The lightweight VR glasses offer HDR visuals without the dreaded “screen-door” effect.
At CES 2020, companies were hard at work promoting a fresh wave of groundbreaking technology that will soon be available for you to demo.
This includes legendary Japanese electronics corporation Panasonic, which will be offering attendees a first-look at its compact VR eyeglasses, which are capable of displaying ultra high definition visuals that remove the dreaded “screen-door” effect from images, offering truly natural in-headset visuals.
Developed in collaboration with VR display manufacturer Kopin Corporation, the VR glasses feature a combination of Panasonic technology already utilized in existing products, such as Panasonic TVs and Blu-ray Disc Players, Technics audio devices, and LUMIX digital cameras. This includes a micro OLED panel, Technics’ original dynamic driver, as well as a new optical module which—according to Panasonic, Kopin Corporation, and 3M Company—creates “natural and distortion-free images in super single focus.”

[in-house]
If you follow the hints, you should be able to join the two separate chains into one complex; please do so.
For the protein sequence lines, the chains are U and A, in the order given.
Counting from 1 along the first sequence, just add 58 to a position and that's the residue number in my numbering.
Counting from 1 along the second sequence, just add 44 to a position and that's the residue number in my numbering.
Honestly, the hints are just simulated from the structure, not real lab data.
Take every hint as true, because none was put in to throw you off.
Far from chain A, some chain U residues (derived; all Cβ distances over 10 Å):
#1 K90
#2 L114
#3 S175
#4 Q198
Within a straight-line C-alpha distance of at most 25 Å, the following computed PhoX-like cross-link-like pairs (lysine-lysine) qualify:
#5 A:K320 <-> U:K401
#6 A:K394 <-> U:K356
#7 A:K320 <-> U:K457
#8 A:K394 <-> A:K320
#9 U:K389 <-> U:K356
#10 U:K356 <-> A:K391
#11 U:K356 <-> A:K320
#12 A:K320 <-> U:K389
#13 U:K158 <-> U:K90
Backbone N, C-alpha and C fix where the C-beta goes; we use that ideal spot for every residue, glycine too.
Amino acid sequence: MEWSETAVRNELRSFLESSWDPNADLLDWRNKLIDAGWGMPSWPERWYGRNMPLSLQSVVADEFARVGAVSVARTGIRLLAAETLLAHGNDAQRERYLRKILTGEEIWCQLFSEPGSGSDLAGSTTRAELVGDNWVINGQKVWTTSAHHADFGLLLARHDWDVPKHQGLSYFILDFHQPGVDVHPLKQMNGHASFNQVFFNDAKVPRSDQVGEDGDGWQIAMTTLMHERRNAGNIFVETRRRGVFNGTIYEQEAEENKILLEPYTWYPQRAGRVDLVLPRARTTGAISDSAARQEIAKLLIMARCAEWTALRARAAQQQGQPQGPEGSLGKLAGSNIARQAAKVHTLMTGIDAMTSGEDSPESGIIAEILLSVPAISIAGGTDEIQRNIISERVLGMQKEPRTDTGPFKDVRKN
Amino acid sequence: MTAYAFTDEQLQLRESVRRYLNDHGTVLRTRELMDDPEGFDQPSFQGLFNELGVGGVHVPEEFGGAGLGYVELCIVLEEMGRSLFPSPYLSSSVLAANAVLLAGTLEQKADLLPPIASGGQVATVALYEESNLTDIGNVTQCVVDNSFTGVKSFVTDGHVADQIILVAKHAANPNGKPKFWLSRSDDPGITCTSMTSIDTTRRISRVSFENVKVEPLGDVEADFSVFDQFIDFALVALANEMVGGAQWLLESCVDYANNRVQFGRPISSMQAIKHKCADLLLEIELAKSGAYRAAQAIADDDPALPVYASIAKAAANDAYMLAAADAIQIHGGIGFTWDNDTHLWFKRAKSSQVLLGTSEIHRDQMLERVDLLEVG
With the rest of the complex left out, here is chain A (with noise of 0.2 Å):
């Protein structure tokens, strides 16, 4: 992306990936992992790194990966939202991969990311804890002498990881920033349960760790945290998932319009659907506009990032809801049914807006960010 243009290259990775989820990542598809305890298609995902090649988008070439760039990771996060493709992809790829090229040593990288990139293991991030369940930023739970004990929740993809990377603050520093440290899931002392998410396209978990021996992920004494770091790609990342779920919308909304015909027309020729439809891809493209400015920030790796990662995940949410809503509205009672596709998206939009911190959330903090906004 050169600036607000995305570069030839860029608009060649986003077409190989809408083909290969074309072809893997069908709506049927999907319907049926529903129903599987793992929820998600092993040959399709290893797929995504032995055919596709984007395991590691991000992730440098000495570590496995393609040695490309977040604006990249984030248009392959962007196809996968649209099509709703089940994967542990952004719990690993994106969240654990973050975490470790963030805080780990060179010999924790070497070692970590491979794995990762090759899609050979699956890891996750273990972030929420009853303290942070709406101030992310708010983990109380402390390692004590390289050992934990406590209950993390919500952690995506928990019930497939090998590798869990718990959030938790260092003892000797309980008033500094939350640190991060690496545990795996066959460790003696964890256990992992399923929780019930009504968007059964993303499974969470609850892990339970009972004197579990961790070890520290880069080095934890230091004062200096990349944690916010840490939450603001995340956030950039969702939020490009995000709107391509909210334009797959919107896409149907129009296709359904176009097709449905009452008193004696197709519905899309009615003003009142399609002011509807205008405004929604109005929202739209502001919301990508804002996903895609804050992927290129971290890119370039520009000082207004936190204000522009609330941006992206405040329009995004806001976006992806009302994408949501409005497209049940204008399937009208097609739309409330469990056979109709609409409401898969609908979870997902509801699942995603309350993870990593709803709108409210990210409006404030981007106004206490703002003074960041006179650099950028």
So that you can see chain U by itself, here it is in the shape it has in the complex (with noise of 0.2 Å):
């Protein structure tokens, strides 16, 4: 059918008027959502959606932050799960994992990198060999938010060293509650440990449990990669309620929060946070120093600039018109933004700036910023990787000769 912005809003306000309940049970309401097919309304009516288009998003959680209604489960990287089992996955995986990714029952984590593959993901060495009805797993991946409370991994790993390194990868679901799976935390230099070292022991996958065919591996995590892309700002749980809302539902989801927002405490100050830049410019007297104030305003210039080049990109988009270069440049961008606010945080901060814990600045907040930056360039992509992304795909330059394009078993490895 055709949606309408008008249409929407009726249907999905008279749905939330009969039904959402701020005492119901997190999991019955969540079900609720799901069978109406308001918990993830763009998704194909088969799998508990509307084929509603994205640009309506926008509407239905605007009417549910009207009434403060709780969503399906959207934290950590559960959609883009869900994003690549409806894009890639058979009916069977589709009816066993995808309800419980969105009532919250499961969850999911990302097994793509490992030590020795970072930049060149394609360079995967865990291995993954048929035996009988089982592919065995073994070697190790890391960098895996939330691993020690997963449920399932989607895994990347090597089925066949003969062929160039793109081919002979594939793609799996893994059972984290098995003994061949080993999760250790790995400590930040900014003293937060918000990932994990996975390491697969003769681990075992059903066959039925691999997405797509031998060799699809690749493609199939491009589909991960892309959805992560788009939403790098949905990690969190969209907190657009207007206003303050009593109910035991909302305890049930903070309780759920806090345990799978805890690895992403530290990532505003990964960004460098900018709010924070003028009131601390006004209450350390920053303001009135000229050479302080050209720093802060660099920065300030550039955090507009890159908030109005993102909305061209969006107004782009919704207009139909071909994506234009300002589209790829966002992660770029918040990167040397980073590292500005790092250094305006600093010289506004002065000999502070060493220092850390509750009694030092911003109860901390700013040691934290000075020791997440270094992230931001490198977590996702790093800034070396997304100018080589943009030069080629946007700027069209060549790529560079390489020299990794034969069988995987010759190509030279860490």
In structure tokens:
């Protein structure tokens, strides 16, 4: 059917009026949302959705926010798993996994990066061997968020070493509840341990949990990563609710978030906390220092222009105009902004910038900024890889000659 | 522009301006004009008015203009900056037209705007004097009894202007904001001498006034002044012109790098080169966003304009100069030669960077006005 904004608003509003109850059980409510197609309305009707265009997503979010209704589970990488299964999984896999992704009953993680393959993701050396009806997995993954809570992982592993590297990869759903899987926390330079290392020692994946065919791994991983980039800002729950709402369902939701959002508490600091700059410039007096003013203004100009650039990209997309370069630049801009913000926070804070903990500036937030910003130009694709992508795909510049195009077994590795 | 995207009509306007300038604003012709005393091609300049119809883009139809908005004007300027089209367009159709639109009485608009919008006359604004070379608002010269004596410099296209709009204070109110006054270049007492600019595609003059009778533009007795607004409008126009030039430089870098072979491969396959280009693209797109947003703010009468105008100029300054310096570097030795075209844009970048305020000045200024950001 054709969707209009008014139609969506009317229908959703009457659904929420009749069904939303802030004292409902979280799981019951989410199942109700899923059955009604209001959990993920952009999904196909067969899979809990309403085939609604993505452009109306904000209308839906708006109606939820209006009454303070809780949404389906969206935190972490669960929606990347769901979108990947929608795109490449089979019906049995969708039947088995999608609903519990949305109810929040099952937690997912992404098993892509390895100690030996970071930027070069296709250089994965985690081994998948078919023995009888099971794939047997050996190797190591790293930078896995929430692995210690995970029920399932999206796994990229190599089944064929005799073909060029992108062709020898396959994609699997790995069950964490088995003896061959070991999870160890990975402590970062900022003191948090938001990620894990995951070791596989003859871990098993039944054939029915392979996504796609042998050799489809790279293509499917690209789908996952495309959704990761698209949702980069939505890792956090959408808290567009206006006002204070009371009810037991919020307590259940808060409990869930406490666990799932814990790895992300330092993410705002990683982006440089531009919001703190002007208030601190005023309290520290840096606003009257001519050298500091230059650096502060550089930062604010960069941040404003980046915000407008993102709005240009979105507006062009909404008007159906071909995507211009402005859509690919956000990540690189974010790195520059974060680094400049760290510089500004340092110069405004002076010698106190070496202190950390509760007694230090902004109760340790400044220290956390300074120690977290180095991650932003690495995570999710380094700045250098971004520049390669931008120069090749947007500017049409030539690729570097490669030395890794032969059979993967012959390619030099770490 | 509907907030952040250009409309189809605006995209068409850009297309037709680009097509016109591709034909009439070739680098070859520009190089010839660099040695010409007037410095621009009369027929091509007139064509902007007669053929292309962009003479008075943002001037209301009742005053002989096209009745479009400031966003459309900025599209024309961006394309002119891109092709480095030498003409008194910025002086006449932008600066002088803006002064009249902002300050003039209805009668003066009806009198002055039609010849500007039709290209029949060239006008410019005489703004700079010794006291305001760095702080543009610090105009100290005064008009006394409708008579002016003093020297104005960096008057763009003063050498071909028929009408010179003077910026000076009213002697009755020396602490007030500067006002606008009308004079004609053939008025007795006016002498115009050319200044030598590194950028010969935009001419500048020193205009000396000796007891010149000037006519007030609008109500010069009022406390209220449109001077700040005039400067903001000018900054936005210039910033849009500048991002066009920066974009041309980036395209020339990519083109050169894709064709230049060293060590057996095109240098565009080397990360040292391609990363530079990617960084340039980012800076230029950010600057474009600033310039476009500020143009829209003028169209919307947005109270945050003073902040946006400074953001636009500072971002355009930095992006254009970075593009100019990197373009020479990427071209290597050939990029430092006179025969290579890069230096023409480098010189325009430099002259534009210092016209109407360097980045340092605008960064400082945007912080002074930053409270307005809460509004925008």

The result is a lightweight VR headset capable of offering impressive 3D visuals using minimal hardware. Used in combination with 5G connectivity, Panasonic claims the device will serve as the perfect tool for viewing certain VR content, such as live sporting events, as well as virtual tours and travel experiences.
“With anticipation of the forthcoming full-fledged commercial services of the fifth-generation (5G) mobile communications system, a number of new services using VR glasses are expected to be offered, including for VR sports viewing and engaging virtual travel experiences,” states Panasonic in an official release. “While conventional VR glasses with high-quality images and high sound quality provide users with highly immersive simulated experiences, these glasses tend to be big in size and require users to strap them to their head with a headband, which could cause wearer discomfort.”
While there’s still a lot of questions surrounding Panasonic’s ambitious VR eyeglasses (What kind of FOV does it offer? Is it compatible with existing motion controllers? Will this pair with a mobile device or a VR-ready PC?), there’s no ignoring the fact that ultra HD visuals could be a game-changer for passive, non-interactive VR content. With CES 2020 opening its doors to the public tomorrow, we can’t wait to learn more about this potentially ground-breaking new headset.